“Eighty-five percent of the improvements in quality, productivity, and costs are due to data aggregation and analysis at a higher level than the shop floor,” Fair says. “So, if companies aren’t regularly taking the time to analyze summaries of data, they are missing out.”
This includes analyzing data that is within specifications—because costly issues that may not raise immediate red flags, like a packaging company slightly overfilling packages, often show up in data that’s technically in-spec. Organizations that make a point of aggregating and reviewing less urgent data on occasion are more likely to enjoy huge cost savings as a result, to which Fair can personally attest.
“I have had many experiences where multimillion-dollar bottom-line improvements have been made because companies closely scrutinized in-spec data,” Fair says. “When companies summarize their data and look at it regularly, they uncover previously unknown information…They can then apply their time and resources in the right places to get things fixed—and make dramatically better—in a very short period of time.”
- Focus on priorities for continuous quality improvement.
Reassessing one’s business often means stepping back to survey the enterprise as a whole. This could mean asking questions like, “Where are the greatest opportunities for cost reduction and quality improvement?” and devising a strategic plan to target pain points and turn them into successes. Acquiring modern SPC software, especially as it grows even more intelligent and user-friendly, is a great place to start.
Maximizing ROI with a new SPC solution can be easy, too. It all depends on an organization’s strategic intent, Fair says: “If you want big gains in quality and cost, [you] need to step back and think about quality as a strategic initiative that can transform a company’s performance.”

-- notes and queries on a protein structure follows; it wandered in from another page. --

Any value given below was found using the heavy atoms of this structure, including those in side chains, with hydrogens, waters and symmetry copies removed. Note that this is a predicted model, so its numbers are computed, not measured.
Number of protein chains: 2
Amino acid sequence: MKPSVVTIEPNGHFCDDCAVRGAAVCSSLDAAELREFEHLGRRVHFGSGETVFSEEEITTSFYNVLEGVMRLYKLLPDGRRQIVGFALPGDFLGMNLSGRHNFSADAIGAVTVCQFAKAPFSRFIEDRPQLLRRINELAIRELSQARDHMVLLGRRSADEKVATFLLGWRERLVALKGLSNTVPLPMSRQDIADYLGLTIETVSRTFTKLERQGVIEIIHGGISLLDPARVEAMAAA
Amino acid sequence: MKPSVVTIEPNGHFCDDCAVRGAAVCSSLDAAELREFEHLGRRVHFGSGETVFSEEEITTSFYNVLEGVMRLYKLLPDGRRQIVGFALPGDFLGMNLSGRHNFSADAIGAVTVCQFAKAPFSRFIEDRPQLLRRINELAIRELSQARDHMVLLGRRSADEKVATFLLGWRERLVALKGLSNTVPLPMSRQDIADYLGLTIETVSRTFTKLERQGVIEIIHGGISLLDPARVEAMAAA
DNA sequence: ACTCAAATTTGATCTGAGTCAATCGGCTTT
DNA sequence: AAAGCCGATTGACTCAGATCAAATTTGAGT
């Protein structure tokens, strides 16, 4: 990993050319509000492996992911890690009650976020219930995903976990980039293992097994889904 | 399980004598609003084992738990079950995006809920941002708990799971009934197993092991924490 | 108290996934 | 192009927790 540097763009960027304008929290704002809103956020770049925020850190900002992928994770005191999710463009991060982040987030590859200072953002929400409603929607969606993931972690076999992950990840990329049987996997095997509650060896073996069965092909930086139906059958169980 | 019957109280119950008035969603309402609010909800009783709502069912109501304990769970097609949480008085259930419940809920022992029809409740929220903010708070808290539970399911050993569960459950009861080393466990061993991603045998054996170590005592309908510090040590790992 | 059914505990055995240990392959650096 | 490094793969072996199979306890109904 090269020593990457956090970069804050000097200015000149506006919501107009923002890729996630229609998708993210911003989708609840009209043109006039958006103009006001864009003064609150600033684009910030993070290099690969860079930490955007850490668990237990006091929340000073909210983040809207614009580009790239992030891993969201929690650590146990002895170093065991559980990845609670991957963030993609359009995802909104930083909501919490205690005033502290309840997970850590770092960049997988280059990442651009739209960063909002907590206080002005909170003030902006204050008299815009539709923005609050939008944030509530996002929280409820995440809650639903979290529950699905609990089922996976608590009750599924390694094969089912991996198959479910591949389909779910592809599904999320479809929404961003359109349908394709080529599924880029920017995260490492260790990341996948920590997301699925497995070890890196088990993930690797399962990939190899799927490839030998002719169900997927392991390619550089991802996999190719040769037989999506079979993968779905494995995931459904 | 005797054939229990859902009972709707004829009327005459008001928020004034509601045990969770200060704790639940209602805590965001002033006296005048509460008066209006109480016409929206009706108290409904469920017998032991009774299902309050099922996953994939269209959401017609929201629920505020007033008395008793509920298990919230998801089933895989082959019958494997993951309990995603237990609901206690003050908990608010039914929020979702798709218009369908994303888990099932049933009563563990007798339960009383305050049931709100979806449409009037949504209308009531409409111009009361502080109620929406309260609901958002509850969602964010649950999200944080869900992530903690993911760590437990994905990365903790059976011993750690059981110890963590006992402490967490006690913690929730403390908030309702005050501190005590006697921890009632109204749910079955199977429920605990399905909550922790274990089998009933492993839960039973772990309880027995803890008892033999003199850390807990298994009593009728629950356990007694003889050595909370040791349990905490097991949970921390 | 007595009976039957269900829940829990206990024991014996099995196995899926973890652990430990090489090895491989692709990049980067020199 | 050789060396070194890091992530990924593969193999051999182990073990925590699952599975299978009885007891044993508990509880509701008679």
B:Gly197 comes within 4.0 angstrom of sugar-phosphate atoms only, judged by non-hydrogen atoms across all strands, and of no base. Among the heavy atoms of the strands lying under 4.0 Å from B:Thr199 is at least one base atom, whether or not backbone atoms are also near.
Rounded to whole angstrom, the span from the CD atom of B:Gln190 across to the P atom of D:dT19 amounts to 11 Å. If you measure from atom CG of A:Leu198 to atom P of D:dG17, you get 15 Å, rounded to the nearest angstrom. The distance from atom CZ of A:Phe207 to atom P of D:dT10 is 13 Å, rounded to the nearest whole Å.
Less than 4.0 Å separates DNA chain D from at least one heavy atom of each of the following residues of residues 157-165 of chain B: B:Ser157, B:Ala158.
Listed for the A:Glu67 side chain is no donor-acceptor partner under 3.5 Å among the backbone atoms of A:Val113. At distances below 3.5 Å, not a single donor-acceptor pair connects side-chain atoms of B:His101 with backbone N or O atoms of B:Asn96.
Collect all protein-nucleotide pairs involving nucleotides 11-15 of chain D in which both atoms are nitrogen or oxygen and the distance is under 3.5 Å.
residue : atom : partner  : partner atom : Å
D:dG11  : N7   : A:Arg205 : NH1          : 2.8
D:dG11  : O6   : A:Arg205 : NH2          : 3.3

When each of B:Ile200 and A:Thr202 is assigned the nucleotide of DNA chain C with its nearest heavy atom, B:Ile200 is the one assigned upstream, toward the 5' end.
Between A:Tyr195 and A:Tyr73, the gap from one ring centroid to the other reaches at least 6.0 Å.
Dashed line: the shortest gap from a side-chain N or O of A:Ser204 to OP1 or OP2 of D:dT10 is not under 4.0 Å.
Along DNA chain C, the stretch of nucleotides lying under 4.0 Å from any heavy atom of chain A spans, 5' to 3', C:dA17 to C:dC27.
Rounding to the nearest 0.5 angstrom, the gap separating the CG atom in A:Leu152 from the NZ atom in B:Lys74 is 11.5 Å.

Software like Enact provides the tools for these transformations; but ultimately, it is up to the quality professionals themselves to decide how they want to use the tools, which processes they want to focus on, and what kinds of data they want to prioritize. By running comparative analyses on a Cloud-based SPC platform, they can pinpoint exactly where they need to apply their quality efforts and adjust accordingly.
For example, a manufacturing company that is monitoring data across multiple plants might ask:
- Which regions run the same products better or worse than other regions?
- Where are yields highest or lowest among all products, all production lines, and all plants?
- What defects were present, or not present, based on production lines, region, plant, or shift?
All of these questions and more can be answered, Fair says, by aggregating and analyzing the data housed in a central repository. Next, Fair suggests that quality managers create a prioritized list based on the evidence in the aggregated data—what should be tackled first, second, third, and so on—and stick to a schedule of regular data analysis sessions. In doing all of this, Fair says, “you set an expectation that it’s important to regularly review data, so that opportunities to improve quality and reduce costs are uncovered.”